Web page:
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Kishiwada, Japan

Sai H.,Kobe University | Iguchi G.,Kobe University | Tobimatsu T.,Kobe University | Takahashi K.,Kobe University | And 8 more authors.
Osteoporosis International | Year: 2010

A reference database for trabecular bone density, cortical thickness, and elastic modulus of trabecular bone for a novel ultrasonic bone densitometry system (LD-100) based on two longitudinal waves (fast and slow) was determined over a wide age range in a normal Japanese population. Introduction: A novel ultrasonic bone densitometry system (LD-100 system) was applied to create a reference database for trabecular bone density (TBD), cortical thickness (CoTh), and elastic modulus of trabecular bone (EMTb) for this device over a wide age range in a normal Japanese population. Methods: In a comparative study between LD-100 and peripheral quantitative computed tomography (pQCT) systems, 52 individuals were examined by both systems at the same radius simultaneously. To create a reference database, a total of 2,380 healthy subjects (1,179 men, 1,201 women), ages 18-99 years, were examined using the LD-100 system. Results: Highly significant correlations between the LD-100 and pQCT systems were found in TBD (r = 0.877, p < 0.001) and CoTh (r = 0.723, p < 0.001). For the reference database, peak values of TBD, CoTh, and EMTb were observed at 30-34 years (255.09 mg/cm3), 20-24 years (5.23 mm), and 20-24 years (4.09 GPa) in men, and at 25-29 years (209.24 mg/cm3), 25-29 years (3.98 mm), and 20-24 years (3.33 GPa) in women, respectively. The TBD fell significantly (p < 0.05) beginning at 55-59 years in both sexes, with a relatively rapid decrease in women. The CoTh showed a significant decrease beginning at 40-44 years in men and 50-54 years in women. The EMTb showed a significant decrease beginning at 40-44 years in men and 55-59 years in women. Conclusions: The LD-100 system is a useful bone densitometry device and the database of age-related changes in TBD, CoTh, and EMTb established in this study will provide fundamental data for future studies related to bone status. © 2010 International Osteoporosis Foundation and National Osteoporosis Foundation. Source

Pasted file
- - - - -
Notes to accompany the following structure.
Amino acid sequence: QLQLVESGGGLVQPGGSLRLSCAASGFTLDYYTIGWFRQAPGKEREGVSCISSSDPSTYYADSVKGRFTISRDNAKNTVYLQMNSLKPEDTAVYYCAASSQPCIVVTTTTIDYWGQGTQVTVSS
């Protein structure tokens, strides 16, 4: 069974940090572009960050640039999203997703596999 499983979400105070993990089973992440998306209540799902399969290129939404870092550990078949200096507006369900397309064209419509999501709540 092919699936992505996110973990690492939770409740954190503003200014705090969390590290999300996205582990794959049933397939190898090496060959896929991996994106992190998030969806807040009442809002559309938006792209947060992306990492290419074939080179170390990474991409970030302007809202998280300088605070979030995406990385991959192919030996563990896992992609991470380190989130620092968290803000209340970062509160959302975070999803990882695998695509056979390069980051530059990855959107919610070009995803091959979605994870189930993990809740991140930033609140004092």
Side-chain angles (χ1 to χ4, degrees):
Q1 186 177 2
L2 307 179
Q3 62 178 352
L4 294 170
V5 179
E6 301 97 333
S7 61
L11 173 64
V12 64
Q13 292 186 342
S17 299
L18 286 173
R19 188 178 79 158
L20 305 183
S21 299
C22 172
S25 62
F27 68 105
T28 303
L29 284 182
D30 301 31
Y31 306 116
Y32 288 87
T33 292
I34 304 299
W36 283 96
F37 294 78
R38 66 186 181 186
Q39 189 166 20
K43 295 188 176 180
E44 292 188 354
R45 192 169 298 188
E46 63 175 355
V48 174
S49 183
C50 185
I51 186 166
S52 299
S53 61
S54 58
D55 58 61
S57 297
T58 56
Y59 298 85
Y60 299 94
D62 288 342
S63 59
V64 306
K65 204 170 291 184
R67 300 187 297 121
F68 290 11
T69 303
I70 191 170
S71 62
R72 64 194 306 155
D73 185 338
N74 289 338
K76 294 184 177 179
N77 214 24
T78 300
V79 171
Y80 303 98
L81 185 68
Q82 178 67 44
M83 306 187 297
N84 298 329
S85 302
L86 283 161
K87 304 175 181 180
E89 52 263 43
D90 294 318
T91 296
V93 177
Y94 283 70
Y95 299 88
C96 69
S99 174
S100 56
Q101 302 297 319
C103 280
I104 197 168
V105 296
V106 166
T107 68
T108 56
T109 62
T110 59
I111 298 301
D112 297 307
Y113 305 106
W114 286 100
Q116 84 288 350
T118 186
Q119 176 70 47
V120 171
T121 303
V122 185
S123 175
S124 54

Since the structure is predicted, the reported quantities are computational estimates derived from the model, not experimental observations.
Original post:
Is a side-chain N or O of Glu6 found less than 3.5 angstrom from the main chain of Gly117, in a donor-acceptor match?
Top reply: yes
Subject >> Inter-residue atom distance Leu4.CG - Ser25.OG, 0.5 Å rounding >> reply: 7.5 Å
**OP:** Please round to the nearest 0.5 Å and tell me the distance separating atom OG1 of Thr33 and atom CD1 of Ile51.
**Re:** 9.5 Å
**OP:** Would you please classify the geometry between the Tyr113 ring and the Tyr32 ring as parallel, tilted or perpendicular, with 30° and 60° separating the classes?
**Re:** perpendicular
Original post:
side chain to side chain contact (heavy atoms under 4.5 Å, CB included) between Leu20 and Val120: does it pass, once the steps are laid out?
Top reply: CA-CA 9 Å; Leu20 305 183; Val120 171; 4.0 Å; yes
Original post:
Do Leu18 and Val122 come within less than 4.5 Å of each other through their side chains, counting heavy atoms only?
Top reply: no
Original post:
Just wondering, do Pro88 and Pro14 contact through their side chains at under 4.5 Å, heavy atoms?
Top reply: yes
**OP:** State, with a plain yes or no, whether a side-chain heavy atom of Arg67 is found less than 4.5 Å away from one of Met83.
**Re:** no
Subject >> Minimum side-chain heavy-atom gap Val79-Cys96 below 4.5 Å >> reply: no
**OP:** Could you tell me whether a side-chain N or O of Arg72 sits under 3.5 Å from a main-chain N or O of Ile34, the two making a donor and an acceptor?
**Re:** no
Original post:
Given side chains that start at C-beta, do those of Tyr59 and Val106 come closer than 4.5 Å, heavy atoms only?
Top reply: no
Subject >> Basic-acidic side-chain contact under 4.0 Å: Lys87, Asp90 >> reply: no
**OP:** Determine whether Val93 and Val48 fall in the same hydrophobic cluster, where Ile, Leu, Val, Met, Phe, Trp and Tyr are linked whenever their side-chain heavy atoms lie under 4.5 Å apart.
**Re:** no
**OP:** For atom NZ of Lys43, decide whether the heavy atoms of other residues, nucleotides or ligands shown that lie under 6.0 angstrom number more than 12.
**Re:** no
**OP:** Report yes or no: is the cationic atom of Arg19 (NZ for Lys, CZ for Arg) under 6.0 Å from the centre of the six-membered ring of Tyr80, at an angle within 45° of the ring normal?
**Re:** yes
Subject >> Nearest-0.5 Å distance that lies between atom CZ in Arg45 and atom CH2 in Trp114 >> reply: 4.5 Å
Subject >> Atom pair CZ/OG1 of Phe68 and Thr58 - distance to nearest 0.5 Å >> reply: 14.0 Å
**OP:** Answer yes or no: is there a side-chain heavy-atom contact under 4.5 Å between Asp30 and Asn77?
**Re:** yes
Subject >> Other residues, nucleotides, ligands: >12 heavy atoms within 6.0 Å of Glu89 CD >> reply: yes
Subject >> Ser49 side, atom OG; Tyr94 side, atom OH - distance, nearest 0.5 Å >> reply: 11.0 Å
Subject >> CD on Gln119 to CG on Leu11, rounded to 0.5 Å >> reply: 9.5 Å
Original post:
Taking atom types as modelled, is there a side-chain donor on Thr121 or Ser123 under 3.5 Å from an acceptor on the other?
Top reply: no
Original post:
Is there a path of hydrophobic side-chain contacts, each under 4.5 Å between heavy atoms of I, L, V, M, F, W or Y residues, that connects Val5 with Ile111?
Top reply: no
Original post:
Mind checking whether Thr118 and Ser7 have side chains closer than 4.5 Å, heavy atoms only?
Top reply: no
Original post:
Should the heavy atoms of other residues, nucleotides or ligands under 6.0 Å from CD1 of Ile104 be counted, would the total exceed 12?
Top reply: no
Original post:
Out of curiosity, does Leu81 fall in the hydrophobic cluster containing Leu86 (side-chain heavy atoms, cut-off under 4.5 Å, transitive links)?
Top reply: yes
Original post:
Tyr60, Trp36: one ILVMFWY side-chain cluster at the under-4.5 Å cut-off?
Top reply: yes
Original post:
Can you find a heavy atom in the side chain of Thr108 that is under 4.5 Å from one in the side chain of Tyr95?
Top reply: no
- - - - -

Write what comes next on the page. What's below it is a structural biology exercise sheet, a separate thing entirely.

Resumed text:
Fujita T.,Katsuragi Hospital | Fujita T.,Calcium Research Institute | Ohue M.,Katsuragi Hospital | Nakajima M.,Katsuragi Hospital | And 3 more authors.
Journal of Bone and Mineral Metabolism | Year: 2011